Losaria coon (Fabricius, 1793) is currently comprised of ten subspecies, which were originally described under two names, Papilio coon and P. doubledayi before 1909, when they were combined as one species. The main difference between them is the colour of abdomen and hindwing subterminal spots—yellow in coon and red in doubledayi. Wing morphology, male and female genitalia, and molecular evidence (DNA barcodes) were analysed for multiple subspecies of L. coon and three other Losaria species—rhodifer, neptunus, and palu. Our molecular data support the separation of L. coon and L. doubledayi stat. rev. as two distinct species, with L. rhodifer positioned between them in phylogenetic analyses. Wing morphology and genitalic structures also confirm the molecular conclusions. Our findings divide L. coon into two species occupying different geographic ranges: with L. coon restricted to southern Sumatra, Java, and Bawean Island, while L. doubledayi occurs widely in regions from North India to northern Sumatra, including Hainan and Nicobar Islands. Hence, future conservation efforts must reassess the status and threat factors of the two species to form updated strategies. Full article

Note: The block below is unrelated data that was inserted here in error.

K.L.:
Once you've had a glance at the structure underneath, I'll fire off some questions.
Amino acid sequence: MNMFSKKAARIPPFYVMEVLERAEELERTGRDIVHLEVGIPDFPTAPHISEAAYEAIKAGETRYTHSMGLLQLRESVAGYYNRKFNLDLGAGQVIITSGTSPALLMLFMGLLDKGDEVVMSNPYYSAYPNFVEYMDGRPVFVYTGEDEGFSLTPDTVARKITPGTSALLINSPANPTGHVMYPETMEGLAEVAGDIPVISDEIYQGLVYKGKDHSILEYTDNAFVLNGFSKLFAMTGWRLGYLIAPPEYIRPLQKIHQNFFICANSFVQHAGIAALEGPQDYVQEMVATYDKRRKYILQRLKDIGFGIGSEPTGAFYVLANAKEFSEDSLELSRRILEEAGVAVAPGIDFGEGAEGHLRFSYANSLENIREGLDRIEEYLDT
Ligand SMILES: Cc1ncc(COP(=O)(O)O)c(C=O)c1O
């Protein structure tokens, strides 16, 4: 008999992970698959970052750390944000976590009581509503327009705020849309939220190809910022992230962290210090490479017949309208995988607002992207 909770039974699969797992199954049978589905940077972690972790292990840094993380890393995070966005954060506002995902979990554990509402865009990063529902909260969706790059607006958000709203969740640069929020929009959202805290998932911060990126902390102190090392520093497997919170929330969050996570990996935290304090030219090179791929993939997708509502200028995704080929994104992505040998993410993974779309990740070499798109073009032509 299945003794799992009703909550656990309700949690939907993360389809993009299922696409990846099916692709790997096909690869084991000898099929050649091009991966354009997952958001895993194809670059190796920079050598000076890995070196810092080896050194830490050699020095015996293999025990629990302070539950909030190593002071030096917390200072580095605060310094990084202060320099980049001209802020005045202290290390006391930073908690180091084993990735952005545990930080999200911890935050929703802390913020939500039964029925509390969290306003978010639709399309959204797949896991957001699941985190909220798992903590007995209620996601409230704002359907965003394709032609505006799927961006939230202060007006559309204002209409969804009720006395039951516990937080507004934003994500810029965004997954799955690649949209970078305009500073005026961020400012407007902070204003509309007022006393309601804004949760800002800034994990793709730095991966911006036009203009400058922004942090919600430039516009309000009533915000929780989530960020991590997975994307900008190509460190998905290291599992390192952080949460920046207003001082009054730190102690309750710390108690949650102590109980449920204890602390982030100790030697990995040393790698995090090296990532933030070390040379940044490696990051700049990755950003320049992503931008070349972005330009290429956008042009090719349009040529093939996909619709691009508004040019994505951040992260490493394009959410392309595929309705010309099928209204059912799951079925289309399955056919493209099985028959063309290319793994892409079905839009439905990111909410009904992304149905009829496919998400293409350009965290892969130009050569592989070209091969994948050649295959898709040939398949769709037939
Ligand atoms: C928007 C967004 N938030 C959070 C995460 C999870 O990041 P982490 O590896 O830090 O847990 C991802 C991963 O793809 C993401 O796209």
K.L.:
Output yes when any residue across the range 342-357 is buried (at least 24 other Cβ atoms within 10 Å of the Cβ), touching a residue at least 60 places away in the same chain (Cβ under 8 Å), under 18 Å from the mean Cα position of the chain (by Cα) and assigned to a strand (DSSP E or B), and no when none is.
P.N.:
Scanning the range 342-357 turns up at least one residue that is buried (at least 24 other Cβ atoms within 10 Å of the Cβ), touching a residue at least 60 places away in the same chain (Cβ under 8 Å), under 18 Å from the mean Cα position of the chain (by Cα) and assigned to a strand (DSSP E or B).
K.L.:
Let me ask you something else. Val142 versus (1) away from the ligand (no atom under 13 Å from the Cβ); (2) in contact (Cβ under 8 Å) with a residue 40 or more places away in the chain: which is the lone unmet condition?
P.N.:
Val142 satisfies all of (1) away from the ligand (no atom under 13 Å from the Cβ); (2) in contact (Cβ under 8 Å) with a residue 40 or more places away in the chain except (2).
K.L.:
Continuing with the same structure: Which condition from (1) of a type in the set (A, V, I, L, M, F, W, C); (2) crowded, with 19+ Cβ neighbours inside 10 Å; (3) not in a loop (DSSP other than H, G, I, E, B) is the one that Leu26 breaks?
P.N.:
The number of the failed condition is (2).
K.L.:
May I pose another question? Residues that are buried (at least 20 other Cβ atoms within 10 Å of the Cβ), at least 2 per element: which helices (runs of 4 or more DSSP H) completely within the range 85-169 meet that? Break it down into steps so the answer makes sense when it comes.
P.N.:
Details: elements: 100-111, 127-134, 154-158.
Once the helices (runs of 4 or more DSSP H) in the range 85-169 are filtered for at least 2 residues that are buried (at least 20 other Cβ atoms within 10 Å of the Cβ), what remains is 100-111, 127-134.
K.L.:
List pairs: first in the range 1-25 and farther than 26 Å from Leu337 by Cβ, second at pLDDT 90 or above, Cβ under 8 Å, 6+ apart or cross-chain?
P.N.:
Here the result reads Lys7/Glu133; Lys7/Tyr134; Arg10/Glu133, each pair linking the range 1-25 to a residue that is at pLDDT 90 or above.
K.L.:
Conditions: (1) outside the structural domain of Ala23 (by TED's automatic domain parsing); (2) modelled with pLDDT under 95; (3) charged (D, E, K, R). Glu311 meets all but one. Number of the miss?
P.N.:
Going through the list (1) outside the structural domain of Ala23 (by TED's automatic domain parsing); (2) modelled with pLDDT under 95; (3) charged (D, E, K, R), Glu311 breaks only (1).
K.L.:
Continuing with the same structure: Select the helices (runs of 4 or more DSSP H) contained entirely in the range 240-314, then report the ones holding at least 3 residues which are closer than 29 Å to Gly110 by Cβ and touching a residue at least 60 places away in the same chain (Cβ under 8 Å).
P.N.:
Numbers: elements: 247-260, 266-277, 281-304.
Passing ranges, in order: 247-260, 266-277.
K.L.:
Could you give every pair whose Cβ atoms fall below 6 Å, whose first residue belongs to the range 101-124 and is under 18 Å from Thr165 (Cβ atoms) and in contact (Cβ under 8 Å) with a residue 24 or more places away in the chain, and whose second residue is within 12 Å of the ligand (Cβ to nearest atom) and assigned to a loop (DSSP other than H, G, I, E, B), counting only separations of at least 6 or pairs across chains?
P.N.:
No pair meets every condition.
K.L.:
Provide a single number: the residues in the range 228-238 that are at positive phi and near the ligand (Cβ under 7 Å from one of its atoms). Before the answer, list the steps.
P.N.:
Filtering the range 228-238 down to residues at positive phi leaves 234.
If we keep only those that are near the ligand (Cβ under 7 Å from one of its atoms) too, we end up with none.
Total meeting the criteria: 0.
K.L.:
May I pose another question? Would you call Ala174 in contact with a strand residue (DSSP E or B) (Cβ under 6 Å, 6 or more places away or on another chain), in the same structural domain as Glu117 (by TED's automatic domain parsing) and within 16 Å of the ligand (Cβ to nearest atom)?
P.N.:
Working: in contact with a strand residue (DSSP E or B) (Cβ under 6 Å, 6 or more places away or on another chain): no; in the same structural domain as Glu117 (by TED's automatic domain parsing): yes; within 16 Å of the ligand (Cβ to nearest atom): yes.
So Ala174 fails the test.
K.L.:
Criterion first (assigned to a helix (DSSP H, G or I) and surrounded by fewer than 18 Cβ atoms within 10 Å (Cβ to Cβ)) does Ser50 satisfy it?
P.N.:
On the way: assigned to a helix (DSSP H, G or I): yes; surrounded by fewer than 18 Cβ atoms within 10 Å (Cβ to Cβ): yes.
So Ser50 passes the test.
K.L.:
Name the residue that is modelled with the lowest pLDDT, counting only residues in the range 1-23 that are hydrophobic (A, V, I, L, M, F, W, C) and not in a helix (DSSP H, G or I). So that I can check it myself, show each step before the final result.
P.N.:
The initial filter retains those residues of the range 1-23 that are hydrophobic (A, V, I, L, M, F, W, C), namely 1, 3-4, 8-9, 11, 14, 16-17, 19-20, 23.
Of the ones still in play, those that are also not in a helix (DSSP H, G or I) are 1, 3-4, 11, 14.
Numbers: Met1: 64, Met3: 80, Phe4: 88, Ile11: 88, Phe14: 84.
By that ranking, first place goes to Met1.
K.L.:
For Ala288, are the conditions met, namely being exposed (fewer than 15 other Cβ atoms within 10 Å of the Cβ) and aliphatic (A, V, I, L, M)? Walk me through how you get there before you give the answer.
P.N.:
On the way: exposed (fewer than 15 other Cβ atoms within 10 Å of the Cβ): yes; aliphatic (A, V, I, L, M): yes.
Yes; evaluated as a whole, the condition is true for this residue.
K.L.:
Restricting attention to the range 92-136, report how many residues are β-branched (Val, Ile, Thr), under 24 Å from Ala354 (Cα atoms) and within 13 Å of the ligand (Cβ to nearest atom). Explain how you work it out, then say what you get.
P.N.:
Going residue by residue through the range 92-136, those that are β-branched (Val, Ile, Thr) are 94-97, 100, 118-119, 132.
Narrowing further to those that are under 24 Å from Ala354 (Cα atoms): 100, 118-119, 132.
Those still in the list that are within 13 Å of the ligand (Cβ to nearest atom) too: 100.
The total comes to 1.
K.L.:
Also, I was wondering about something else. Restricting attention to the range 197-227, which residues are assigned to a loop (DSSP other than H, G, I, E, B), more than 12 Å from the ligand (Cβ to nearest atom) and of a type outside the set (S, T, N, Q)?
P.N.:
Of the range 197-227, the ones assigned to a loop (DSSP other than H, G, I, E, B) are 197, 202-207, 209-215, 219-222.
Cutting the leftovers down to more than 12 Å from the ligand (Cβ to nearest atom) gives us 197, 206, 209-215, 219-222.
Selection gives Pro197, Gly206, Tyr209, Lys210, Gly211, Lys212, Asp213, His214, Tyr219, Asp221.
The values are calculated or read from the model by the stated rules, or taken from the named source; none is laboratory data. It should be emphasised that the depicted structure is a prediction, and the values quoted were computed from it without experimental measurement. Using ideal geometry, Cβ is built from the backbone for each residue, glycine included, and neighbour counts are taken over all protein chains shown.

(This article belongs to the Special Issue Butterfly Biodiversity and Conservation)
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Open AccessEditor’s ChoiceArticle
Her Majesty’s Desert Throne: The Ecology of Queen Butterfly Oviposition on Mojave Milkweed Host Plants
Insects 2020, 11(4), 257; https://doi.org/10.3390/insects11040257 - 21 Apr 2020
Cited by 1
Abstract
Butterfly–host plant relationships can inform our understanding of ecological and trophic interactions that contribute to ecosystem function, resiliency, and services. The ecology of danaid–milkweed (Apocynaceae) host plant interactions has been studied in several biomes but is neglected in deserts. Our objective was to [...] Read more.